The United Nations Cemetery– a look back at the Korean war

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“Please, visit the chapel”. The caretaker ushers us into a small building near the entrance of the United Nations Cemetery in Busan. With a large gabled roof and some window panels and wooden pews inside, it looks like are chapel, but instead of an altar or a cross we face a large video screen. The chapel in the United Nations Cemetery doubles as a visitor centre.

More than 40000 United Nations soldier died

The 20 minute video introduces the cemetery: Why it was built, how many United Nations soldiers are buried here, how many there were involved in the Korean war in total. Well over 40,000 United Nations soldiers died during the Korean War from 1950 to 1953 (in addition to half a million South Korean civilians and soldiers). About 2300 soldiers from a dozen countries are buried at the United Nations Cemetery in Busan. The cemetery was established in 1955, after the war, as the central burial ground for all the foreign United Nations personnel who died in Korea. Previously these had been interred in several different military cemeteries in the Southern part of Korea. In addition to these war dead, surviving Korean War veterans also have the option of being buried here after their death.

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Watching the movie, we wonder why anyone would wish to be buried in Korea decades after participating in a war that must have been ghastly. Conveniently, the movie brings up a veteran: he has been coming back for a number of years now, tending the graves of his comrades.

“I promised them,” he says, “to come and visit them as often as I can in case I survive.”

The war, though horrible, was perhaps the most meaningful part of his life. His friends, after all, died for it. That’s why he feels his grave should also be here.

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From the chapel we walk over to a small museum displaying memorabilia of the troops from different nations including such diverse countries as New Zealand, Ethiopia, and Columbia. Behind it stretches the cemetery proper, consisting of the symbolic area with flags for all the participating nations, a large expanse of graves, several more memorials, and green lawns and ponds where geese waddle into the water.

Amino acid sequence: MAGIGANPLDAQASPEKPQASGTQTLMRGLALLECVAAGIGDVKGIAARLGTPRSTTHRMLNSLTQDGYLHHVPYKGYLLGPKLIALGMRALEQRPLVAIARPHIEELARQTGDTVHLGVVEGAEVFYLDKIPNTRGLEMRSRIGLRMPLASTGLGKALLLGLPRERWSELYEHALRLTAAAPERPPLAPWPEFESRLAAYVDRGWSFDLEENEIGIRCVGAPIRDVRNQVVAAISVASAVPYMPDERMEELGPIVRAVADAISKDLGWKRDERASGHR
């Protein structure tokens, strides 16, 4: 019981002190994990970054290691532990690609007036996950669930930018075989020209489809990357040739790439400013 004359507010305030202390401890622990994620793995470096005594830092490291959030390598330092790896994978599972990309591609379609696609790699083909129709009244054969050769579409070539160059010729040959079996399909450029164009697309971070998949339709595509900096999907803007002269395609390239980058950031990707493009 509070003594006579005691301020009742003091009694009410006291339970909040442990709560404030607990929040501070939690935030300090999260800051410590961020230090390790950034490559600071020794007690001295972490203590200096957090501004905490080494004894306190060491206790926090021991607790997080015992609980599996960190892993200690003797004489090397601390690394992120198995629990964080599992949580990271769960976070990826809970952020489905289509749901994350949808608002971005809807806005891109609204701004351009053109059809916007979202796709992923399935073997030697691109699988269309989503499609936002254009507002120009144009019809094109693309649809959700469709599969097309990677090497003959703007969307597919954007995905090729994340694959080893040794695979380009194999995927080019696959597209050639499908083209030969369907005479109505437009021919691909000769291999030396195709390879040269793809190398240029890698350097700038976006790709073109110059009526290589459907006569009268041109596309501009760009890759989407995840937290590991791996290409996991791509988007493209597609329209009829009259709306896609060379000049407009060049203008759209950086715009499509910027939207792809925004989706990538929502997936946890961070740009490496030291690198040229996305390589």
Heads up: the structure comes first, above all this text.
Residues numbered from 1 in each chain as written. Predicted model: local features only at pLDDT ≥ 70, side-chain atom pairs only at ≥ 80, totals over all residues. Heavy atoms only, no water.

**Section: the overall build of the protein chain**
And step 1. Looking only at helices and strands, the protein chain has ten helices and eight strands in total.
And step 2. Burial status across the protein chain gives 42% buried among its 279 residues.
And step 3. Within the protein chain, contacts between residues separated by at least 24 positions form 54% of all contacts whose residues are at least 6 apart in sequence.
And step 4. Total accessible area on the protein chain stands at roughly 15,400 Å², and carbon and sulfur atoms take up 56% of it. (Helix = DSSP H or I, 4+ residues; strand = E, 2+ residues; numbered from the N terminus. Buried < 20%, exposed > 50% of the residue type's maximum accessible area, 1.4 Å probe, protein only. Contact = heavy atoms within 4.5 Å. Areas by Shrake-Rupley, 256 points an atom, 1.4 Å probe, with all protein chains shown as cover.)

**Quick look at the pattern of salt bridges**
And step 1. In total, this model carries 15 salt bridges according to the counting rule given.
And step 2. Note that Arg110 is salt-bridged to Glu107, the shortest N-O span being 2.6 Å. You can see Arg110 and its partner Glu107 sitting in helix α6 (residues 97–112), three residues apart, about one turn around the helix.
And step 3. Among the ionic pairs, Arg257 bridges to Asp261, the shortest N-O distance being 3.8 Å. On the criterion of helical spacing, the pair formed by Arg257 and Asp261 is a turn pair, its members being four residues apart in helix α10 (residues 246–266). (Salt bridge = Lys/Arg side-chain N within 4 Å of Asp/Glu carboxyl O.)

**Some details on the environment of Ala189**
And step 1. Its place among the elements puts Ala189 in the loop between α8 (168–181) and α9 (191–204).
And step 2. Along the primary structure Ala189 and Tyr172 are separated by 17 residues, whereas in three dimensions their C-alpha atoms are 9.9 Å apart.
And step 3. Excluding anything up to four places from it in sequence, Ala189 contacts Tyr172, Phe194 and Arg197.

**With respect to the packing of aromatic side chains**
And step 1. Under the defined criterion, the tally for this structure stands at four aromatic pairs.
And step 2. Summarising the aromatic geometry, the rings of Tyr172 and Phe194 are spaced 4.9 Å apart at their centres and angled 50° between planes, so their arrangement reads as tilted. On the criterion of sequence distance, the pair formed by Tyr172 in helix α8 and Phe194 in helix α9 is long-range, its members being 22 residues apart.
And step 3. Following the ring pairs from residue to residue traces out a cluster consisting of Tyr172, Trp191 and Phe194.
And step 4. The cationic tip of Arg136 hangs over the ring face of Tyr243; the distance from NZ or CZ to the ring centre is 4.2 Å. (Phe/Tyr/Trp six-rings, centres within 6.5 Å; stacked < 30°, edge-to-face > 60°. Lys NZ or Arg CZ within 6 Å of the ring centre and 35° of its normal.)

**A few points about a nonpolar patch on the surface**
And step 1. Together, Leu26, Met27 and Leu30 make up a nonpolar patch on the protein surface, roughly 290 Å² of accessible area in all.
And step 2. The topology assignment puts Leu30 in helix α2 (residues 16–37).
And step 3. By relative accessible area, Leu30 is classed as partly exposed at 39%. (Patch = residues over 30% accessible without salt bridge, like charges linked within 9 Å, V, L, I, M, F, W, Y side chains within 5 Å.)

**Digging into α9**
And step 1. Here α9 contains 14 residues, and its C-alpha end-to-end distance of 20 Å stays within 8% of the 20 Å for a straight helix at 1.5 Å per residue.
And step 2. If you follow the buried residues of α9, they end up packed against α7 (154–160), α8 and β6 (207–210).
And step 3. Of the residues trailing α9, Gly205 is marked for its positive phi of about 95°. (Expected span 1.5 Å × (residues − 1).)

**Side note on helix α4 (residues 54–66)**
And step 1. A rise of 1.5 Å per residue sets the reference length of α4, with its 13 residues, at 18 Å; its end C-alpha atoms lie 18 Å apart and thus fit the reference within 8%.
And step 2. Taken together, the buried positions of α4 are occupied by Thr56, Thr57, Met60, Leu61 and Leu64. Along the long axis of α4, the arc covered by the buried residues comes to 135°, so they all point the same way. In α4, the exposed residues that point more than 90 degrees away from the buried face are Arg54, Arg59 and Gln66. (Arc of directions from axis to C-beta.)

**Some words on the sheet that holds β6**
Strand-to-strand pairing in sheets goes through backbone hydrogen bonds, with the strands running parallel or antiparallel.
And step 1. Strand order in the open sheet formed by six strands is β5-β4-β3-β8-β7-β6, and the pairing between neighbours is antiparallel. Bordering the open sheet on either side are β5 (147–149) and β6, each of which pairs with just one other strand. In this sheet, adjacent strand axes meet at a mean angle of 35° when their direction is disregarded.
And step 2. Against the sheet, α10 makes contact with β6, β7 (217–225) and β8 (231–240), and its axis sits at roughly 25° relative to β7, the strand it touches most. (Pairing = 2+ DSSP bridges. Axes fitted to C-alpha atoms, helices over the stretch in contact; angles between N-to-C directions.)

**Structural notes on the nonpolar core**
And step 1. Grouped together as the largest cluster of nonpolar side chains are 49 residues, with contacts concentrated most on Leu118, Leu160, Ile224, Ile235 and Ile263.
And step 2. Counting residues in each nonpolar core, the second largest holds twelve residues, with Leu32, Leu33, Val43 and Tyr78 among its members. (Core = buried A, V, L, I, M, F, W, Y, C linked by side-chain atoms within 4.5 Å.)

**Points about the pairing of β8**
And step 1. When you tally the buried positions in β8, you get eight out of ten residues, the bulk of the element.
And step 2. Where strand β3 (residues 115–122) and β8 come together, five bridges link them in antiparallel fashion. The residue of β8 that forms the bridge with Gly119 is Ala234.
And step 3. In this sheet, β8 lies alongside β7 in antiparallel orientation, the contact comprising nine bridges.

The Memorial Wall

The names of all foreign United Nations soldiers who died in the Korean War are engraved in the Memorial Wall. An enormous list of presumably young people from Europe, Turkey, and thousands from the US. What made them risk their lives here? Of course on a military cemetery every soldier is a hero, which makes us rather uncomfortable. Quite likely, we muse, heroic sacrifice was not the main motive for many of them to go abroad with the military in the first place. But it also was a different time: when Communist North Korea overran the South in 1950, people felt that this was the end of the free world, and that their sacrifice would protect the future not only of South Korea but of the whole Western world and thus their own countries. In fact, we also consider now that they may have been right. What would have happened then, more than 60 years ago, without the United Nations forces intervening in the Korean War?

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A week later in Seoul, we are again reminded of the United Nations cemetery of Busan.

Gas masks at the metro station

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There are cabinets in every metro station and every public building containing gas masks and emergency supplies. Video screens in public spaces not only show advertisements and news but also instructions for all kinds of emergencies, from first aid to fire and gas attacks. Seoul is only 40 km from the border with North Korea, and more than half of the population of South Korea live in the Metropolitan Region of Seoul – about 25 million. Without a peace treaty, both countries are technically still at war.

Safely back in Europe, the recent news about alarming developments in North Korea and war threats on all sides still send shivers down our spine. Kim’s missile tests and nuclear bombs may threaten other countries to some extent – but they can be intercepted or forestalled. But the people in Seoul are the ones that suffer most from any hostilities that may arise.

Note: We were not sponsored in any way at this trip to Korea, all expenses were paid by ourselves.

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